Alloreactive natural killer cells in targeting high-risk leukaemias

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Abstract

Natural killer (NK) cells express surface receptors that regulate potent effector functions, such as cytolytic activity and release of cytokines, which play a central role in inflammatory response and immunoregulation. In this paper, major advances are outlined from the original discovery of HLA-class I-specific inhibitory receptors in humans to recent, particularly successful, clinical applications in the cure of high-risk, otherwise fatal leukaemias. The central role of donor-derived "alloreactive" NK cells in eradicating leukaemic cells in the T-cell-depleted haploidentical haematopoietic stem cell transplantation setting became evident. Since alloreactive NK cells seem to play a key role also in preventing graft rejection and graft-vs-host disease, they may be an ideal tool to treat high-risk leukaemias in the haematopoietic stem cell transplantation setting.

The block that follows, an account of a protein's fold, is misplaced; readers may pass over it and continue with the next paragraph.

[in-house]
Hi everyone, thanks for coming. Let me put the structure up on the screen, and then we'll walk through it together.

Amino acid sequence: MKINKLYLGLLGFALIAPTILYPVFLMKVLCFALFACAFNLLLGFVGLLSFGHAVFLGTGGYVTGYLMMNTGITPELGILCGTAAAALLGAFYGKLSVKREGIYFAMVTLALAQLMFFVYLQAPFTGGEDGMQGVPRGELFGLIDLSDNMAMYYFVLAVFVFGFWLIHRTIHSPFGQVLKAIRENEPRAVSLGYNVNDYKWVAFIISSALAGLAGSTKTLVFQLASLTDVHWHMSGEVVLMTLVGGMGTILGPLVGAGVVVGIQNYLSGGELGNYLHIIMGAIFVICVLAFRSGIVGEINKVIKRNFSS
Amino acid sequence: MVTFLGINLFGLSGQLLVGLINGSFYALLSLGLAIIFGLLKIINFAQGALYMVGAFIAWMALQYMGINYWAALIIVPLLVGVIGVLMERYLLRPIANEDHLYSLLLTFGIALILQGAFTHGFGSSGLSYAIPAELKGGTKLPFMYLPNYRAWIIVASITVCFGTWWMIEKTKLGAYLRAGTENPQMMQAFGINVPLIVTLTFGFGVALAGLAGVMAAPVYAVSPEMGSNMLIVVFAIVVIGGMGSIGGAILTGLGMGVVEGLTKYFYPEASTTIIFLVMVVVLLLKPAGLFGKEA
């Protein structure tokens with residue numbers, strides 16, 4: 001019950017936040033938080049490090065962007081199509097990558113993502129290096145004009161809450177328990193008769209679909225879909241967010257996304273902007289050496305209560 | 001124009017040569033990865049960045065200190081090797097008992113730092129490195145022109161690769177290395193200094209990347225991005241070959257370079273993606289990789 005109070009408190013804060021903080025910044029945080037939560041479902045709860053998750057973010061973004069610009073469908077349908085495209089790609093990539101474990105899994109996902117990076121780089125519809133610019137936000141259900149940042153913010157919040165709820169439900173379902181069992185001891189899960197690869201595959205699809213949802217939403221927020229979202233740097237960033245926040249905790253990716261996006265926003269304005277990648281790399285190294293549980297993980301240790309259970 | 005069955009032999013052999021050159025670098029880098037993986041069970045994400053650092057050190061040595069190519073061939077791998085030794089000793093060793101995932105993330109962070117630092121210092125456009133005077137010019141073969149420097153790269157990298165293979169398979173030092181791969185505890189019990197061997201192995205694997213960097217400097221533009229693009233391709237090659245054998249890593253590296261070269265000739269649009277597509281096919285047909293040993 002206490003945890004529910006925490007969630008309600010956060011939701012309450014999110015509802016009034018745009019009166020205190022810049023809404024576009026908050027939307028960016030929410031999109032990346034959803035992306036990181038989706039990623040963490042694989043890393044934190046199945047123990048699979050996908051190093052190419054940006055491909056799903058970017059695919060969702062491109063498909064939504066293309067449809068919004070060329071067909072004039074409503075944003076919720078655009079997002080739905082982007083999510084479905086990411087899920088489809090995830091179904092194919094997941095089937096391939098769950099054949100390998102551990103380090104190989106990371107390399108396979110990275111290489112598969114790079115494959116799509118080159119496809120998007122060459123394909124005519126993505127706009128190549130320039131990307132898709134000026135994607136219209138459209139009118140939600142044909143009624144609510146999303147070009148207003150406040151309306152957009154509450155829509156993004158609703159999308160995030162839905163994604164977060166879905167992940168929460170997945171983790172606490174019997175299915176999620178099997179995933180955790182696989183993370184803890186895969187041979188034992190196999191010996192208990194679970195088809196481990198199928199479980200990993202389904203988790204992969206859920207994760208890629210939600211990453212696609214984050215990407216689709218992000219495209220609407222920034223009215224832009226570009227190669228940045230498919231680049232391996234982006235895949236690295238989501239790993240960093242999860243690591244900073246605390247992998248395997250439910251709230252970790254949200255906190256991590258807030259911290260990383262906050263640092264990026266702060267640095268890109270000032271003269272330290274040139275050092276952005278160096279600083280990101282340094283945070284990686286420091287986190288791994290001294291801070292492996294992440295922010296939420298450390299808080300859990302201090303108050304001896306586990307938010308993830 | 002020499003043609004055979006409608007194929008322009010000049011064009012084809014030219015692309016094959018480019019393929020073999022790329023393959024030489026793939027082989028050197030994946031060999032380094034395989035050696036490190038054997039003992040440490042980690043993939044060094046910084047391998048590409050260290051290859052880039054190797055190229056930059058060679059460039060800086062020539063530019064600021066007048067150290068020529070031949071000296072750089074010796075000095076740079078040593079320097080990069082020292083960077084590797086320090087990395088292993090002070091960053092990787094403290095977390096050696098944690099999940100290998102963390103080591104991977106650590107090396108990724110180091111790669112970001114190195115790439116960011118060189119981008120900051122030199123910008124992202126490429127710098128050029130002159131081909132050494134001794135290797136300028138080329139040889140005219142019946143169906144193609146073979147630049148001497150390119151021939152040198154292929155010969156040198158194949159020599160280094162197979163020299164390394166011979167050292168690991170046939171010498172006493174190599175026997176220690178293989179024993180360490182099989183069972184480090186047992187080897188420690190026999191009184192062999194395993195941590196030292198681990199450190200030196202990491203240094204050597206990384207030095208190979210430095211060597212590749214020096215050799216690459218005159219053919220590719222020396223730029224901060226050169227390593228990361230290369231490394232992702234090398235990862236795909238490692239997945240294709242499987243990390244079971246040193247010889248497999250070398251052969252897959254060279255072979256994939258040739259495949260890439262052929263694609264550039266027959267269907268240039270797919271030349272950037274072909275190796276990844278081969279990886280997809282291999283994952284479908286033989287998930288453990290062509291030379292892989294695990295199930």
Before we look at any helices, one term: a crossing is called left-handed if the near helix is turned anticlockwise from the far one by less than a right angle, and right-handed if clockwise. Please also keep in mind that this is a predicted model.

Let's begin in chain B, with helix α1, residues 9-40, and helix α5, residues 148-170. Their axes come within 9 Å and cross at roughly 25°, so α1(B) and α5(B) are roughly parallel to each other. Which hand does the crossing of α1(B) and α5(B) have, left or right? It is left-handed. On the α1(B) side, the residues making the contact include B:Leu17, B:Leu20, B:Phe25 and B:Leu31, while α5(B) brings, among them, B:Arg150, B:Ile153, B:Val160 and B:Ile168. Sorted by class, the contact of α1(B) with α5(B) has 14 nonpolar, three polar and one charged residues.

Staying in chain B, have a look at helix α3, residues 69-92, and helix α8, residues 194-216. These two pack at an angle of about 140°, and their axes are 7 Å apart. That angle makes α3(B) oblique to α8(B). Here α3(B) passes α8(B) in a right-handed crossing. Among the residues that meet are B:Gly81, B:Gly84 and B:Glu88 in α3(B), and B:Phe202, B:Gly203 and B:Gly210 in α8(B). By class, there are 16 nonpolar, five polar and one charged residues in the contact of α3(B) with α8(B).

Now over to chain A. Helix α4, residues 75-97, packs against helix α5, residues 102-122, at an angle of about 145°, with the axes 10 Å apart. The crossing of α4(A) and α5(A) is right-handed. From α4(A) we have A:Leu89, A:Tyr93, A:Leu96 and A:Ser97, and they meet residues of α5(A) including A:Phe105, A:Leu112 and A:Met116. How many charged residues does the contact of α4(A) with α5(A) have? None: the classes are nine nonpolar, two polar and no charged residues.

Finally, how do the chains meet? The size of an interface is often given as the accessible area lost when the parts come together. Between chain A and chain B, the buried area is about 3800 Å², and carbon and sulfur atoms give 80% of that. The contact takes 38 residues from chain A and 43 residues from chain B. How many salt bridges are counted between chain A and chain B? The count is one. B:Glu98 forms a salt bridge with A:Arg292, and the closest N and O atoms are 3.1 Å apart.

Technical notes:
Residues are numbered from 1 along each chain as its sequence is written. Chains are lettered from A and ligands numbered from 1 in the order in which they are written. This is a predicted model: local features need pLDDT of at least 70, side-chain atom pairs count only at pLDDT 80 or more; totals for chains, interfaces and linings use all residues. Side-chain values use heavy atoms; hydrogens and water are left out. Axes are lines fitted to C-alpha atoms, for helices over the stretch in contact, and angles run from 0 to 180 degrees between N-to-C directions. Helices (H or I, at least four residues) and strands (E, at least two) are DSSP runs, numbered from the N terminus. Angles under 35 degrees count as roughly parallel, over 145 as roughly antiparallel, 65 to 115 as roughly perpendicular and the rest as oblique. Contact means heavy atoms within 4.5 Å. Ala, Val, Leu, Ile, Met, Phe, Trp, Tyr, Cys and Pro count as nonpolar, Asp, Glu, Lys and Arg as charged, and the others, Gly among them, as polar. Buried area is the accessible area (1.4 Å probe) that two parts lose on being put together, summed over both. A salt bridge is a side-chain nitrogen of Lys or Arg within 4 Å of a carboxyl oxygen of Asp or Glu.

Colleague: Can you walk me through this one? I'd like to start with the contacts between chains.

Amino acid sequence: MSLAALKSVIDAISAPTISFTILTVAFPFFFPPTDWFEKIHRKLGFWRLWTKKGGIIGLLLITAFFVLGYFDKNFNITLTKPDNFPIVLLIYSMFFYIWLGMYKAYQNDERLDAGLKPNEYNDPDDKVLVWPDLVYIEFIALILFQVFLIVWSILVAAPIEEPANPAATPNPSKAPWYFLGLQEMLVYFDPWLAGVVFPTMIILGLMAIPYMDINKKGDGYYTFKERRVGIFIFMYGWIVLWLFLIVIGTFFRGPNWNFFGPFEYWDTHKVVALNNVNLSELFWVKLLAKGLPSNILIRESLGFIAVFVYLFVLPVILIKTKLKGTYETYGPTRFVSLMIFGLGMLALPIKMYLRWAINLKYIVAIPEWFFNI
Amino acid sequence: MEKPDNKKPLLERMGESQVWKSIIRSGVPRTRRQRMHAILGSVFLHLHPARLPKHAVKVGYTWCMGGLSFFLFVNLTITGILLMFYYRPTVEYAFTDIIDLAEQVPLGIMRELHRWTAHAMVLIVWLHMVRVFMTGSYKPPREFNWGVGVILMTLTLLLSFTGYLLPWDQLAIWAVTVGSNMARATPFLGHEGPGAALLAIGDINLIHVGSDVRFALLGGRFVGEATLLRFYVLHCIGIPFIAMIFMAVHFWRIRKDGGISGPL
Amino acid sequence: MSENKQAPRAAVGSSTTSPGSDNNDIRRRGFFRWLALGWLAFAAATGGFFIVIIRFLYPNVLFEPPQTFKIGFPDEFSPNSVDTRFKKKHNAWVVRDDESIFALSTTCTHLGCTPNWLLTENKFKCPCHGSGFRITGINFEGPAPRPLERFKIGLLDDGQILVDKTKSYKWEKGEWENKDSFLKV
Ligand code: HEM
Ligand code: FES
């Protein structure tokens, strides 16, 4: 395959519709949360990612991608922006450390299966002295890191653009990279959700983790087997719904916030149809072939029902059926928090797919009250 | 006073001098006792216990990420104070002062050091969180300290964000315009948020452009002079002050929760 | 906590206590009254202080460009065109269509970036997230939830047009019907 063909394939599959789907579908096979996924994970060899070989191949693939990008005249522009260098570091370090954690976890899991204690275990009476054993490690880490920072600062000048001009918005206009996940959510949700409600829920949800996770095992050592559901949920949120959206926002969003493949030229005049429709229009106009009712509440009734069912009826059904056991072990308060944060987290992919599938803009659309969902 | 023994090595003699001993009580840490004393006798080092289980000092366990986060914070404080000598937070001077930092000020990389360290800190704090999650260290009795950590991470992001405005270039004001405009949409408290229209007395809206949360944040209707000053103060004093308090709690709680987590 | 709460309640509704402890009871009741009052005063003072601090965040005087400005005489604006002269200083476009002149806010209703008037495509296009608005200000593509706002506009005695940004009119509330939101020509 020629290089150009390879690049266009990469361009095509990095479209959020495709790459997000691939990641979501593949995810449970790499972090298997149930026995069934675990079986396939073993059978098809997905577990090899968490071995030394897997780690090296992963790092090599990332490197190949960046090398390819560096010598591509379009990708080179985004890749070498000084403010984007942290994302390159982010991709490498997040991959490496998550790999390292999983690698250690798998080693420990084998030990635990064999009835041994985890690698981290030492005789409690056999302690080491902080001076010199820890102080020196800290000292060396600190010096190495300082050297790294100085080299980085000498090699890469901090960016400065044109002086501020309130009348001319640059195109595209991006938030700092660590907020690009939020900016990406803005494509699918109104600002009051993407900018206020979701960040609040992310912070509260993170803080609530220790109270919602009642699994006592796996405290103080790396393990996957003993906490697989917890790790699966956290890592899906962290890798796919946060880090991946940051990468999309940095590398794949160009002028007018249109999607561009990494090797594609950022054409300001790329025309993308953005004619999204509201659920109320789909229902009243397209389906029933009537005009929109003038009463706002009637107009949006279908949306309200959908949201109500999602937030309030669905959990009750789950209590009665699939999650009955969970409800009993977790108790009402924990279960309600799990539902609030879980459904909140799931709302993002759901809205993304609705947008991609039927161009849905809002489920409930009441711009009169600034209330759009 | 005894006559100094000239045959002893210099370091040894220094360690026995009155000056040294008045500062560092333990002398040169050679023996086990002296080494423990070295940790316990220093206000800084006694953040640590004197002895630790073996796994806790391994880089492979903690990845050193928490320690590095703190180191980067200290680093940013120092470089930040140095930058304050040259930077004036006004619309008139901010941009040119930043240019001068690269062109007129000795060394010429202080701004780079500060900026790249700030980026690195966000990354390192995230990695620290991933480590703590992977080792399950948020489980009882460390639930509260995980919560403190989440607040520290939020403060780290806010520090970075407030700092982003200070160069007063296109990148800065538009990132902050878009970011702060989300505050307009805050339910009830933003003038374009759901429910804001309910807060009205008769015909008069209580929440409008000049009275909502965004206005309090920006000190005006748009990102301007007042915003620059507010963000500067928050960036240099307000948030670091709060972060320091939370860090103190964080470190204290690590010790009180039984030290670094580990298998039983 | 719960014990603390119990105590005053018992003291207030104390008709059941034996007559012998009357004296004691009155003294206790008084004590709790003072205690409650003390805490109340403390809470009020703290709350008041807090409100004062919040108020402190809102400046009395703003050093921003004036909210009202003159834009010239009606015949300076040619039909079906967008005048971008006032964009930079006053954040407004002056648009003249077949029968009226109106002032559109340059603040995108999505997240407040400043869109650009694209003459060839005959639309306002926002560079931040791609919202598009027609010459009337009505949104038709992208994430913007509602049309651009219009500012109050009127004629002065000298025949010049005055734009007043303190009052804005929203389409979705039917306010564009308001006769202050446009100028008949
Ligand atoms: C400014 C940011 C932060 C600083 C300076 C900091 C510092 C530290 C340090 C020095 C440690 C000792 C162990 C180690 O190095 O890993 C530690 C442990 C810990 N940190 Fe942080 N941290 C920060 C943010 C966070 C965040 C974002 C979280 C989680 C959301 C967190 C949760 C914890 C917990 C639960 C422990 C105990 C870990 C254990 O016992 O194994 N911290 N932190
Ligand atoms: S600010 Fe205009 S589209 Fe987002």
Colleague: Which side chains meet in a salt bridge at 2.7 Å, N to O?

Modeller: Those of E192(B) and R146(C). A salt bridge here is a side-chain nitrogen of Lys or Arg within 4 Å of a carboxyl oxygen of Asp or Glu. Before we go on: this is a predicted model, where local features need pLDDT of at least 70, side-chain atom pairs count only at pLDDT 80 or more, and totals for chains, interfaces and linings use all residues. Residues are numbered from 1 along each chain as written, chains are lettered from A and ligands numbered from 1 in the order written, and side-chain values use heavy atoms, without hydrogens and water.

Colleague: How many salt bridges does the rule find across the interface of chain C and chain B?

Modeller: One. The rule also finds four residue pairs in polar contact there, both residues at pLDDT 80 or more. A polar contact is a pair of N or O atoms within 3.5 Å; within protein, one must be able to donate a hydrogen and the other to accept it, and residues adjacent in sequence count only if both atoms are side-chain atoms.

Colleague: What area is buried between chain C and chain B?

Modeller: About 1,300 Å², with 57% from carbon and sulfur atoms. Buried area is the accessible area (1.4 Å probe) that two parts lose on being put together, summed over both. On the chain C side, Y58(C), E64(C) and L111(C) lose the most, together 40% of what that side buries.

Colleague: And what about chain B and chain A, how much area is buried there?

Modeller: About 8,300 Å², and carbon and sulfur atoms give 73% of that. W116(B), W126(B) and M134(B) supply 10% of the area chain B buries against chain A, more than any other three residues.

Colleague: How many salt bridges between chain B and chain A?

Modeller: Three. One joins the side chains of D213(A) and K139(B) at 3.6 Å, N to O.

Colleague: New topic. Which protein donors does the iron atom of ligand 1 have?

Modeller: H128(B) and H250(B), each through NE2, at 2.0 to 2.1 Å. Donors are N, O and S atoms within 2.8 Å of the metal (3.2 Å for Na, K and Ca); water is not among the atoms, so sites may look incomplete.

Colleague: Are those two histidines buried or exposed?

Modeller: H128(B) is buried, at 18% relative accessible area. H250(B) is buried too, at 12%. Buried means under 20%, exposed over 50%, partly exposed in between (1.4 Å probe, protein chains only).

Original languageEnglish
JournalAnnals of the Rheumatic Diseases
Volume67
Issue numberSUPPL. 3
DOIs
Publication statusPublished - Dec 2008

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ASJC Scopus subject areas

  • Biochemistry, Genetics and Molecular Biology(all)
  • Immunology
  • Immunology and Allergy
  • Rheumatology

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